This is the story of Alana in answer to the question asked of all converts to the Orthodox faith: how did you become Orthodox? Alana’s story begins in childhood and being raised in a non-denominational home by parents who loved and served God above all else. Having grown up in Switzerland where her parents worked with an inter-denominational Swiss ministry, the family attended, but did not join, the Swiss Reform Church. The issue that prevented them from joining fully as members was infant baptism. They did not agree with the practice.
Upon returning to the United States, Alana and her parents joined a charismatic church borne of the Church of Christ where restoration movement theology formed the thought processes. By the age of 12, Alana was baptized and, as she moved through her teenage years, began to have questions about victory over sin. Suffering from an eating disorder, she was desperately in need of grace that would help her to overcome the disorder and sin in general.
Her college years would bring about some understanding as she came to realize that she was not the only one asking the hard questions about holiness. She became familiar with Methodism and after completing her degree in only two and a half years, Alana attended Asbury Theological Seminary when she was 20 years old, following her parents. She earned a Master’s of Divinity Degree, got married and had a baby. The early years of motherhood would see the tragic loss of her husband’s parents and one of his sisters, while the younger sister would live with them for one year before moving in with an aunt and uncle.
Alana’s time in seminary was dangerous for her spiritually as she came to feel deeply lonely and had to confront her spiritual bankruptcy due to the lack of tools that she needed to make the Scriptures say what she needed them to say and so that she could learn to preach more effectively. She needed something to keep her true to the core of the Christian faith. Eventually, Alana decided not to pursue ordination without being fully aware of the reasons why.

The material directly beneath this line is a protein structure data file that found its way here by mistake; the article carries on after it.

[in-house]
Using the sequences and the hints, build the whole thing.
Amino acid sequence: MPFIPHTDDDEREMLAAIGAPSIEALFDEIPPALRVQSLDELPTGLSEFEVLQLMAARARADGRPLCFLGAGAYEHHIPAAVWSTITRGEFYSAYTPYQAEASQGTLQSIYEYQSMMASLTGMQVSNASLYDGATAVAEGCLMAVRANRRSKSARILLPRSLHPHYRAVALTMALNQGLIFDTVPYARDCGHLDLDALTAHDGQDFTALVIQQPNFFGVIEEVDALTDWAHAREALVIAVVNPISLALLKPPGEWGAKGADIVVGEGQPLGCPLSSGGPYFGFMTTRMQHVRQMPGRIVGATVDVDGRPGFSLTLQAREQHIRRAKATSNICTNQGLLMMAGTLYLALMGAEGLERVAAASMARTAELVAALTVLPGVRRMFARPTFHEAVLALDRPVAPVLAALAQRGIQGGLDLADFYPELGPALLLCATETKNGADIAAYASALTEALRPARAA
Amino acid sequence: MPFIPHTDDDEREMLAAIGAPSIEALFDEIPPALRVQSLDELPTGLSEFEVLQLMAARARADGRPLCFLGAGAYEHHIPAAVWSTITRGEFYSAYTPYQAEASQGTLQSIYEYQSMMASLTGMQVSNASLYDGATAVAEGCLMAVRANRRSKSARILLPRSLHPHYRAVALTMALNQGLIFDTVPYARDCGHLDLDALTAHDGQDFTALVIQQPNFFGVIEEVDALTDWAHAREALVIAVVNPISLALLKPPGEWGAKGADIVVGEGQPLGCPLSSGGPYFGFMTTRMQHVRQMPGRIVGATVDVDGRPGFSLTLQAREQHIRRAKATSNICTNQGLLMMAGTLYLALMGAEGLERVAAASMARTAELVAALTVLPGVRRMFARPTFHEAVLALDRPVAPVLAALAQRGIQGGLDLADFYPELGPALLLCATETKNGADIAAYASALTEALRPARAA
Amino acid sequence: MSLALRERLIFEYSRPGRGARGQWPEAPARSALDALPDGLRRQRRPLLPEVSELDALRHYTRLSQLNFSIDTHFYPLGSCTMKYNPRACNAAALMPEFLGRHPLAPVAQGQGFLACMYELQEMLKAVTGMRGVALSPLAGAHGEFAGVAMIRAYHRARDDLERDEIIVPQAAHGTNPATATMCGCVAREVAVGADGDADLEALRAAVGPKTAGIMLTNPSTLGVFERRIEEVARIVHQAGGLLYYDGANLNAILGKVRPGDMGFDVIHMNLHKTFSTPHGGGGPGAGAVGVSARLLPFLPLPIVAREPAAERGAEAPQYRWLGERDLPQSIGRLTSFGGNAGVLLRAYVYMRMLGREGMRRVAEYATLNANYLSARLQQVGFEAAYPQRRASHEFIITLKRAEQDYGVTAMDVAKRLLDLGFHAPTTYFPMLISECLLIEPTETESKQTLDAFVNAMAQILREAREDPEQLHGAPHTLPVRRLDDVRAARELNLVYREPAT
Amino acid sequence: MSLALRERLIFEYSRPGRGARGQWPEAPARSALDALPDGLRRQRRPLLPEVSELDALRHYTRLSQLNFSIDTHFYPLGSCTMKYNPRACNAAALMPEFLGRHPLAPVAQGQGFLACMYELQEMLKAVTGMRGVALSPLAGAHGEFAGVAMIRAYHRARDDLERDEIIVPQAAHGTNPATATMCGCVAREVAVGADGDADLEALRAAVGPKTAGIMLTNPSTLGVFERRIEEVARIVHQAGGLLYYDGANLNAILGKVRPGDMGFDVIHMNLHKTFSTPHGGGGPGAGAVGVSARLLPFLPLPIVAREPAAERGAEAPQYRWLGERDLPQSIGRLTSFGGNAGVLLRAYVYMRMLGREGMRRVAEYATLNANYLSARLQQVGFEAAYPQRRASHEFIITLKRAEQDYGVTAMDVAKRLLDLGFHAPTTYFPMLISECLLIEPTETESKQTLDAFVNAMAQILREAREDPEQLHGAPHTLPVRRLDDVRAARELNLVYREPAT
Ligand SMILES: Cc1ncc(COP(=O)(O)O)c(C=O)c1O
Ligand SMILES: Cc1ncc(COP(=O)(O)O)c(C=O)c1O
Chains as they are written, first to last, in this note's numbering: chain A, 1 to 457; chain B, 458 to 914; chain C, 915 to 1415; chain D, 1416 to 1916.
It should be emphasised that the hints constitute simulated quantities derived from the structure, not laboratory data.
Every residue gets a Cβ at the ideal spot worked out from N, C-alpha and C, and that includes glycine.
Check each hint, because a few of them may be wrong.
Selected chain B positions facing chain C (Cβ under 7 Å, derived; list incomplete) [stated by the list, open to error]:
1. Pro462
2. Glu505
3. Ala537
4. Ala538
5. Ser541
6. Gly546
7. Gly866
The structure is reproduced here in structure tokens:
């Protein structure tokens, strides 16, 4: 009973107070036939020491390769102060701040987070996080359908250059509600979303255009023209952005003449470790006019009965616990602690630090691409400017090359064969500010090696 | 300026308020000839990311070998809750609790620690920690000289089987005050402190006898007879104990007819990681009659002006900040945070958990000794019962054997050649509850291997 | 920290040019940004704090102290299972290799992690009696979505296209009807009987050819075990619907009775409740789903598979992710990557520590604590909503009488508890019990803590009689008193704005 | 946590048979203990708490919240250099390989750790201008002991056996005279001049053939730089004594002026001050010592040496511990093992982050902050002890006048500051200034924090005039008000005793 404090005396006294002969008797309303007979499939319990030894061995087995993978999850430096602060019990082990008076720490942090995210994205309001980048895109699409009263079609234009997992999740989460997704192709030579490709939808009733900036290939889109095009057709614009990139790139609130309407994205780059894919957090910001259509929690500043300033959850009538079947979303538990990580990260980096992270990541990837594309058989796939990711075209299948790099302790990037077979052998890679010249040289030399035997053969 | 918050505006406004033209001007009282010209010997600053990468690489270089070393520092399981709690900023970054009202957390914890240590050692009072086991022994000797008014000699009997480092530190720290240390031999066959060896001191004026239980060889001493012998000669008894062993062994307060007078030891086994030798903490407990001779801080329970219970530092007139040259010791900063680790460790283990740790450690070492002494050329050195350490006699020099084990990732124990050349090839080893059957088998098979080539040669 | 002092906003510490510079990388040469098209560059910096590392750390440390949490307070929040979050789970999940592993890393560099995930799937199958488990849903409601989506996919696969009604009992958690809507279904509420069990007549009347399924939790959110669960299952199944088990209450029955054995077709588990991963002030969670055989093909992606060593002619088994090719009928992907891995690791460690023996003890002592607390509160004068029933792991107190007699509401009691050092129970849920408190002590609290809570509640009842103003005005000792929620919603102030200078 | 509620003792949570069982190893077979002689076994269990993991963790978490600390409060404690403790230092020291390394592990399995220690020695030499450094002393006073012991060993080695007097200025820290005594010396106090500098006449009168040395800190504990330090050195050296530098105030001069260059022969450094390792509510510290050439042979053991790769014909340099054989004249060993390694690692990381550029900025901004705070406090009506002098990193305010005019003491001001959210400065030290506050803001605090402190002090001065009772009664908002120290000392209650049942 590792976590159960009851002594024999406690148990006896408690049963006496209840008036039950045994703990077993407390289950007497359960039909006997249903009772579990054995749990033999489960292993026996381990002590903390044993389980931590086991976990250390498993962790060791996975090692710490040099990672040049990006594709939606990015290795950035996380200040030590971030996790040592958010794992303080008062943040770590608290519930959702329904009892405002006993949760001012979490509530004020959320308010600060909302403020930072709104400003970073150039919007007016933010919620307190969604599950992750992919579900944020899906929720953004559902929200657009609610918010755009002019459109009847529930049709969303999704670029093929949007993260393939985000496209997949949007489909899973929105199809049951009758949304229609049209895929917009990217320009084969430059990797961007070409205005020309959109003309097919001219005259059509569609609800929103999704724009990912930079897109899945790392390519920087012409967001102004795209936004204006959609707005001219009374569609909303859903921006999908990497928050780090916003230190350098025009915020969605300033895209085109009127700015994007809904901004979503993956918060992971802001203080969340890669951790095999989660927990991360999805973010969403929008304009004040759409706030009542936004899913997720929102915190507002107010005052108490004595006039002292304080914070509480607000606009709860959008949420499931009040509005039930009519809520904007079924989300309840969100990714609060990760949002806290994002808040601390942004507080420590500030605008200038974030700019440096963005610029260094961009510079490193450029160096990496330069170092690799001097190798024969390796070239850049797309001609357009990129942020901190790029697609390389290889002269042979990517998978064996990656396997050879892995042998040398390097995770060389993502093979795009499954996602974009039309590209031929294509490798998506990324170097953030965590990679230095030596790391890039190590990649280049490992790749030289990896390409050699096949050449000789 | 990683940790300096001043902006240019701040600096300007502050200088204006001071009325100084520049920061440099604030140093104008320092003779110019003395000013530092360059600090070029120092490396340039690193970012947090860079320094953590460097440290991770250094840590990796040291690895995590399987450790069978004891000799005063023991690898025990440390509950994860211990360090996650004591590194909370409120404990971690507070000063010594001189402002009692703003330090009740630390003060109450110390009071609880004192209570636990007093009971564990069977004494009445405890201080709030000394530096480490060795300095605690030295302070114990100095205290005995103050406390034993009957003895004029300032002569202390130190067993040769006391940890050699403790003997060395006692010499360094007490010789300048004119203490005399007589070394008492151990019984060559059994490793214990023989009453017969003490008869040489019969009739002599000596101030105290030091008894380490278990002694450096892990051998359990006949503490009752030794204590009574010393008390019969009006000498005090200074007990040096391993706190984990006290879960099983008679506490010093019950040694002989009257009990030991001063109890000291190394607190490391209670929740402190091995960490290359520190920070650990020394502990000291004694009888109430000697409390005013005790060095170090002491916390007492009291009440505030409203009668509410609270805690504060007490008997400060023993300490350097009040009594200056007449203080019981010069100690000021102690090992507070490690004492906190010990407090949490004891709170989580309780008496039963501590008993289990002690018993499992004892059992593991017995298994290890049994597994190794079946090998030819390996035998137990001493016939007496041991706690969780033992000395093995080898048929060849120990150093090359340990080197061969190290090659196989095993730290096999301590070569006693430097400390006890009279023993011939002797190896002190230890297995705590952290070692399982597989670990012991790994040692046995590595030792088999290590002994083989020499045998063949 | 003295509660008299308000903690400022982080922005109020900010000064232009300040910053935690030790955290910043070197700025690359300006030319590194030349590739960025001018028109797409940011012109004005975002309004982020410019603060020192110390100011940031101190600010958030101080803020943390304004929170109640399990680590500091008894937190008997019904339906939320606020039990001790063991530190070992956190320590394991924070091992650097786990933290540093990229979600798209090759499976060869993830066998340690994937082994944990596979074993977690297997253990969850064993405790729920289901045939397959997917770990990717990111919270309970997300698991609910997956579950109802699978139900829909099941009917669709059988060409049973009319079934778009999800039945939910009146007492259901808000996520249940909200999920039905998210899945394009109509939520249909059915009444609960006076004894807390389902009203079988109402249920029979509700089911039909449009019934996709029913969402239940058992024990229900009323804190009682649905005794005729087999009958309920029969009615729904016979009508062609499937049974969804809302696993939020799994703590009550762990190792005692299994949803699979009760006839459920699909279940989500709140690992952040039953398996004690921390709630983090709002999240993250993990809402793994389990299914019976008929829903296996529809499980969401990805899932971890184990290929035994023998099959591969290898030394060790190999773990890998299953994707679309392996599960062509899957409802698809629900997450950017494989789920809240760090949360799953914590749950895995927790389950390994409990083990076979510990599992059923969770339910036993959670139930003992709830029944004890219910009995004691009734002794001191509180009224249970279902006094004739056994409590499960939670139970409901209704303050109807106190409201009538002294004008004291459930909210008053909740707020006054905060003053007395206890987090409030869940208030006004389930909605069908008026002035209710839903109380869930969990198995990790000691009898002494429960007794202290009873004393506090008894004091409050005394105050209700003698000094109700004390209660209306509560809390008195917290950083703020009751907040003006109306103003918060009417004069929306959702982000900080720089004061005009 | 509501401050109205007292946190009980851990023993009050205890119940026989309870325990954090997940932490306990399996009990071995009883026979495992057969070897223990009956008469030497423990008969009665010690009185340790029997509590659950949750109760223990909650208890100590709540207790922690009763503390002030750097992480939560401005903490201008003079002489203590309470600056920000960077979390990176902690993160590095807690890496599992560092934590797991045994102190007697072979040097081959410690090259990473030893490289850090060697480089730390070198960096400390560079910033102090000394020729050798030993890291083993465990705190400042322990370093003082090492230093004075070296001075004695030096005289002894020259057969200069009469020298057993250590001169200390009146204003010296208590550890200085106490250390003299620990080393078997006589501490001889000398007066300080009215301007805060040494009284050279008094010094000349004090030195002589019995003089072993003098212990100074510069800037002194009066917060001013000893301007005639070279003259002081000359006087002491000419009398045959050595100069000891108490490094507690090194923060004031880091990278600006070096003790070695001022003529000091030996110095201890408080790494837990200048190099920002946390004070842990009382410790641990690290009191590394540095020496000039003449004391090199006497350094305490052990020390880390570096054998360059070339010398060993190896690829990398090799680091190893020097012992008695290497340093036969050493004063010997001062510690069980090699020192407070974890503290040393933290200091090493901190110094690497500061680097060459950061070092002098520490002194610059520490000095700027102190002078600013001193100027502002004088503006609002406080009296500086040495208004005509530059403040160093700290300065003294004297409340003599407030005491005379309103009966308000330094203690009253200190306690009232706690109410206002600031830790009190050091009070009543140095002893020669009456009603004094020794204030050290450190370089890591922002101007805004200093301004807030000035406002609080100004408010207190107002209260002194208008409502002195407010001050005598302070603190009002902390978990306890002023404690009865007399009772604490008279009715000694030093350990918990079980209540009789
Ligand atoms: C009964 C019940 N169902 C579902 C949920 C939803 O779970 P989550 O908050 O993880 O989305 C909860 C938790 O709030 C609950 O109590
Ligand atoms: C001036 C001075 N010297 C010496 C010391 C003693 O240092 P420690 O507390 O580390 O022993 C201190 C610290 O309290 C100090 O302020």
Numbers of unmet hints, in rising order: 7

After trying and not finding a good fit in the Free Methodist Church, Alana and her husband reconnected with some people that he knew from the Mennonite Church he attended while he was in college. They joined the Mennonite Church with a real embrace of anabaptism: values, theology, lifestyle, etc. Questions would continue to nag at Alana, in particular the question of why individuals have different interpretations of Scripture. Asking this question of her fellow Mennonites, and even the pastor himself, would yield no satisfactory answers. Alana and her husband also longed for intentional community with fellow Christians, which led her to reading a series of articles on the subject coincidentally written by an Orthodox Christian.
Alana also began to have a deep longing to receive Holy Communion only to be told by her Mennonite pastor that “it was too much trouble, but if she would bring the stuff and do the set up” he would serve it more often. She did so but found it discouraging that, to the Mennonites, Holy Communion was treated as more of a simple memorial than partaking of the Body and Blood of Jesus Christ. Her husband, in the meantime, formed a group of men who met on Thursday nights to pray, discuss theology, the scriptures, etc. Some of the guys were in the process of joining an Orthodox group associated with the Evangelical Orthodox Church, a non-canonical group. It just so happened that the catechetical group was sponsored by a Church in Indianapolis (at the time called Holy Trinity Evangelical Orthodox Church).
One month when it was her husband’s turn to host the group, Alana received a copy of “The Orthodox Way” by Kallistos/Timothy Ware. The book answered her questions so deeply and profoundly that she exclaimed to her husband “we need to be Orthodox!.” For the next six months, they visited a Vespers service on Saturday evenings and attended their Mennonite services on Sunday mornings. Shortly before Easter, they made their break from the Mennonite church and fully immersed themselves in the Orthodox Church. That summer they became catechumens, and the following Easter their children were baptized and they all were chrismated into the faith.
This is a story largely about the inter-working of theology and human relationships and about the hand of God. Through the sacrament of confession, repentance and reconciliation I have found the ancient means through which Christian change truly IS possible. Just ask my priest or my friends: I am changing and becoming a bit more like Jesus.